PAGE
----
All of this isn’t to suggest that the Cereal Killer Cafe was an entirely arbitrary target of anger over the housing market. Cheshire, for instance, is skeptical of a pure housing-resentment model for the protest. “Although the seriously high cost of housing in London is fuel for this,” he wrote, “my—not perfectly informed—reading of this is that it had far more in common with the ‘Occupation’ movement of a year or two ago (i.e. considered quasi-anarchic, ‘Leveller-type’ and politically intended direct action) than with [a] popular outburst of resentment,” which might look more like England’s 2011 riots, triggered by the police shooting of a Tottenham man. In the Cereal Killer case, the demonstrators, or at least the organizers, appeared to have a specific political-cultural agenda.

Then, too, the Cereal Killer Cafe did seem to court controversy. Last December, when a reporter pressed Gary Keery, one of the twin brothers who own the eatery, about opening such a cheekily niche, high-end enterprise, Keery responded testily, and then posted an open letter: “You obviously don’t understand business if you think I don’t have to put a mark-up on what I sell. It may be the poorest borough in London, but let’s not forget Canary Wharf [one of the city’s financial centers] is also in the borough,” wrote Keery, before citing his own origins in “the most deprived areas in Belfast.” The letter also included the memorable line: “If you want someone to solve the poverty crises in London I don’t think I’m the man to do that as I am too busy trying to cure Ebola and get Kim Kardashian to keep her clothes on.”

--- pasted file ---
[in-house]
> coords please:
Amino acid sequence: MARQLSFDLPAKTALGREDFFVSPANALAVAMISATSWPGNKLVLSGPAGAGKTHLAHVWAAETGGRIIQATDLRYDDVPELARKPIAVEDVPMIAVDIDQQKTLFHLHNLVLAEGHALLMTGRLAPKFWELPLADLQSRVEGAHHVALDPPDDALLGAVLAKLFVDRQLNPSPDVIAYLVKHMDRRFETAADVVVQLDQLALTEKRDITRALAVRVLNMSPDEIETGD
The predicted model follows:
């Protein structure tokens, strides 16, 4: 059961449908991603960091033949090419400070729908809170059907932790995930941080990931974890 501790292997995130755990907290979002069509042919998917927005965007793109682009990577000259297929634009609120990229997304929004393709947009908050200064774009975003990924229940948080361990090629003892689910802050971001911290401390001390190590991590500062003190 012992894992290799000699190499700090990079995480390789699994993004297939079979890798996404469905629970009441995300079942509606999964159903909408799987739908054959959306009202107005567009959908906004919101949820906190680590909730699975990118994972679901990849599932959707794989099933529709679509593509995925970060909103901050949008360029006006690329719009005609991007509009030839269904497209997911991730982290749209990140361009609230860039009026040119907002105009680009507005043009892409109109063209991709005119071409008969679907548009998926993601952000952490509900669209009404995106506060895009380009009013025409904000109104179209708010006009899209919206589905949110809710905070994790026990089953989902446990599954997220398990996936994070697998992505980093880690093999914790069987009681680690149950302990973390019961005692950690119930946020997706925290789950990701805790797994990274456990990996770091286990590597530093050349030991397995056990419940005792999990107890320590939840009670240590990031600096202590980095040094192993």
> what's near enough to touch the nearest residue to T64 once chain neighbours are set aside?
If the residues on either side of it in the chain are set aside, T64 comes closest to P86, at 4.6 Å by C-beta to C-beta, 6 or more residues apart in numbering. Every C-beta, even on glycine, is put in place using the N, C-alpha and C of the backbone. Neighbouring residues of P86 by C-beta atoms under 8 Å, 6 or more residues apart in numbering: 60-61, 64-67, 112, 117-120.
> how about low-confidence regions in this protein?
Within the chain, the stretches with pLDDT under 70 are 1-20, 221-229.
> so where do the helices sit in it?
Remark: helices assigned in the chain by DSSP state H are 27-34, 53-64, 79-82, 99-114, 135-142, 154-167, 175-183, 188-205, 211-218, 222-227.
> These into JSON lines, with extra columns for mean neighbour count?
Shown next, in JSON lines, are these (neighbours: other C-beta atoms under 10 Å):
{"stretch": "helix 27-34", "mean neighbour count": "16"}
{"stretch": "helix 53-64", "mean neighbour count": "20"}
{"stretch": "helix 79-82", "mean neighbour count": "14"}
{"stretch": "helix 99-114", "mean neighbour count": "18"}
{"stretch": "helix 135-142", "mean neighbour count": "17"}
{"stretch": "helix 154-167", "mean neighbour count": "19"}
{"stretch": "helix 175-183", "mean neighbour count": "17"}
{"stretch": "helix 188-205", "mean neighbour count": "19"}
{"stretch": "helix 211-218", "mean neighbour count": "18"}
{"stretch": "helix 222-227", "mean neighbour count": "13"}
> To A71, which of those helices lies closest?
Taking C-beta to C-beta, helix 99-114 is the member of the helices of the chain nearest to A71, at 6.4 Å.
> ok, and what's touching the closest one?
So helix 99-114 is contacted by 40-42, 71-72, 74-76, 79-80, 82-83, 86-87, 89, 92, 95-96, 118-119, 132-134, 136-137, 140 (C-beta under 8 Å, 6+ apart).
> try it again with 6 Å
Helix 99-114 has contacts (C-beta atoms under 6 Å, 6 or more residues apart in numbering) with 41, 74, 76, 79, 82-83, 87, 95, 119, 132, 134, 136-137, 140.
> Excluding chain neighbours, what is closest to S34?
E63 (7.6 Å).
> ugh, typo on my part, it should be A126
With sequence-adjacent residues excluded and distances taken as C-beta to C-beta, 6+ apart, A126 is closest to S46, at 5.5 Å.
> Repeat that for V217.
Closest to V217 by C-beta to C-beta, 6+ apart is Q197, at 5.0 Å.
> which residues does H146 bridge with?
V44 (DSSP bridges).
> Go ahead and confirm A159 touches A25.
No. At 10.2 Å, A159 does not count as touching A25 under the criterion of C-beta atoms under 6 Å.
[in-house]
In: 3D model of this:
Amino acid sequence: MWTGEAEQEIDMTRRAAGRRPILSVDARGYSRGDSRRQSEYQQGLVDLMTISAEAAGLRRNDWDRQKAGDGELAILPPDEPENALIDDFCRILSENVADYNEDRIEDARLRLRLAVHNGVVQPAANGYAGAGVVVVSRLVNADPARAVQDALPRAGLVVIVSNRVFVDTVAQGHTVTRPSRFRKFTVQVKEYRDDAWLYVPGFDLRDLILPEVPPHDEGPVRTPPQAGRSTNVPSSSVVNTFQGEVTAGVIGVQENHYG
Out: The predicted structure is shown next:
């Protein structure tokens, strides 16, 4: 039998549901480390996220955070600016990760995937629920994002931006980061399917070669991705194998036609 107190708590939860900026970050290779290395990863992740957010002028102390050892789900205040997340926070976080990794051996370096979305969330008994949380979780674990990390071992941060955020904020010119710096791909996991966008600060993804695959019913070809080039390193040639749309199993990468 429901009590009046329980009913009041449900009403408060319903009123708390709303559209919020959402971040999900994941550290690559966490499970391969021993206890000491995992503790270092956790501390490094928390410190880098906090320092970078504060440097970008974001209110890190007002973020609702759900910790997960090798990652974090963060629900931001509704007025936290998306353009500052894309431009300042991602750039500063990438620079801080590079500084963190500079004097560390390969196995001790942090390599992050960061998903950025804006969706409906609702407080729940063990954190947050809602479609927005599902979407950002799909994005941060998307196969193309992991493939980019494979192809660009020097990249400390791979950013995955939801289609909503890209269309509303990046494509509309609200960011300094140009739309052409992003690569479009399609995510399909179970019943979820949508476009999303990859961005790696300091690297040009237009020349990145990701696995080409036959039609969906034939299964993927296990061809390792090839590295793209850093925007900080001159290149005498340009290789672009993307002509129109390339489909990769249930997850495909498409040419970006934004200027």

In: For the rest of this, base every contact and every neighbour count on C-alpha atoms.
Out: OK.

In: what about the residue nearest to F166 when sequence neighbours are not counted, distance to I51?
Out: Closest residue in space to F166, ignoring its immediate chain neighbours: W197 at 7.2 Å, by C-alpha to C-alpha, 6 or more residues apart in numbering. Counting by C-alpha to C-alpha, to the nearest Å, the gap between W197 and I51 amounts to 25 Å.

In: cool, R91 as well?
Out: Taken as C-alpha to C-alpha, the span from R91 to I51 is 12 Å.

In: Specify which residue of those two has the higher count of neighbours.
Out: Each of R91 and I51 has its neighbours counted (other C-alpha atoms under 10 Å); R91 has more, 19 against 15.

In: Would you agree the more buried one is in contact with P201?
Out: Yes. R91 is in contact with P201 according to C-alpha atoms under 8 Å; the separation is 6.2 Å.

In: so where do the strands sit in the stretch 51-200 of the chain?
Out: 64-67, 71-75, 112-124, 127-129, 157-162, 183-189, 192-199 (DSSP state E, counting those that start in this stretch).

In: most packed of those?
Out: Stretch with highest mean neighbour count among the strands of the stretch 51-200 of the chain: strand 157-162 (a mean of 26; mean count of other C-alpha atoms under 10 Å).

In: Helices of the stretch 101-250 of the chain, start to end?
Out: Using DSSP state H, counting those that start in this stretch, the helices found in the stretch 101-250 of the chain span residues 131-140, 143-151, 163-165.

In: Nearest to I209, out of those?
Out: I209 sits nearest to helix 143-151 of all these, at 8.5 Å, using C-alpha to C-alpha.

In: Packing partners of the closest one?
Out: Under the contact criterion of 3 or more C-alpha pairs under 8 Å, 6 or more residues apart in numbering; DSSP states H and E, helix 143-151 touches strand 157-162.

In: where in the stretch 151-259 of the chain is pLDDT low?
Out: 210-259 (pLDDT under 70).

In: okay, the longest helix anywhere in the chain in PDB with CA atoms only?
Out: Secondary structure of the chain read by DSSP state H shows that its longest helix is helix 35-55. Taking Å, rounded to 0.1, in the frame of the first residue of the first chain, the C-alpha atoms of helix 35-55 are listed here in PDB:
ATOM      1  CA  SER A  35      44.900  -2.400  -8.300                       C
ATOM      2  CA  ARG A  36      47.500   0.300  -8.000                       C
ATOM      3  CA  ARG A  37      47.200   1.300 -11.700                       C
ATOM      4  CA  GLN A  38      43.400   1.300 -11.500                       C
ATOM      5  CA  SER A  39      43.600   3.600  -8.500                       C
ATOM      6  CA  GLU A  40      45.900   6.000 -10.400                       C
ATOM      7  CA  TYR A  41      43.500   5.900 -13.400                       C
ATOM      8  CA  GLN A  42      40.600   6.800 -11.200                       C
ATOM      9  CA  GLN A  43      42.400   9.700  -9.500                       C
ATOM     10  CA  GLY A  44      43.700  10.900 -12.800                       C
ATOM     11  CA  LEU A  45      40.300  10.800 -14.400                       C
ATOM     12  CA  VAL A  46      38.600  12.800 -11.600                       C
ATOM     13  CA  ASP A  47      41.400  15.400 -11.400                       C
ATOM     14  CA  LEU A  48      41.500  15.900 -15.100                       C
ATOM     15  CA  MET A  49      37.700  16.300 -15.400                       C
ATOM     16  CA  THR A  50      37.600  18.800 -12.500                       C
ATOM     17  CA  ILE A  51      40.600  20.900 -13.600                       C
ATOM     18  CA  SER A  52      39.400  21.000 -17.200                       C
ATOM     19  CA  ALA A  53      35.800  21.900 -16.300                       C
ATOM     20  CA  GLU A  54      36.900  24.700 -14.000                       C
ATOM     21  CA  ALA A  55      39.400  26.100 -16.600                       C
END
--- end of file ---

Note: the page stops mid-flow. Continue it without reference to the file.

The day after the attack on Cereal Killer Cafe, London Mayor Boris Johnson tweeted his support for the institution: “Small businesses like @CerealKillerUK are lifeblood of London’s thriving economy—any violent protest is unacceptable.” The tweet echoed Cereal Killer Cafe’s own Twitter response to the incident: “Unhappy with the state of the country? Why not attack a small business #smart.”

If it’s overly simplistic to say these protests were about retaliating against hipsters, it’s equally unhelpful to make Cereal Killer Cafe’s critics out to be anti-business, or London’s economy out to be flawless. Given that a Cereal Killer-style attack could soon be coming to a hipster establishment near you (pretty much regardless of where you’re reading this from, judging by the latest reports on global housing crunches and international urban gentrification), everyone’s got a stake in this fight.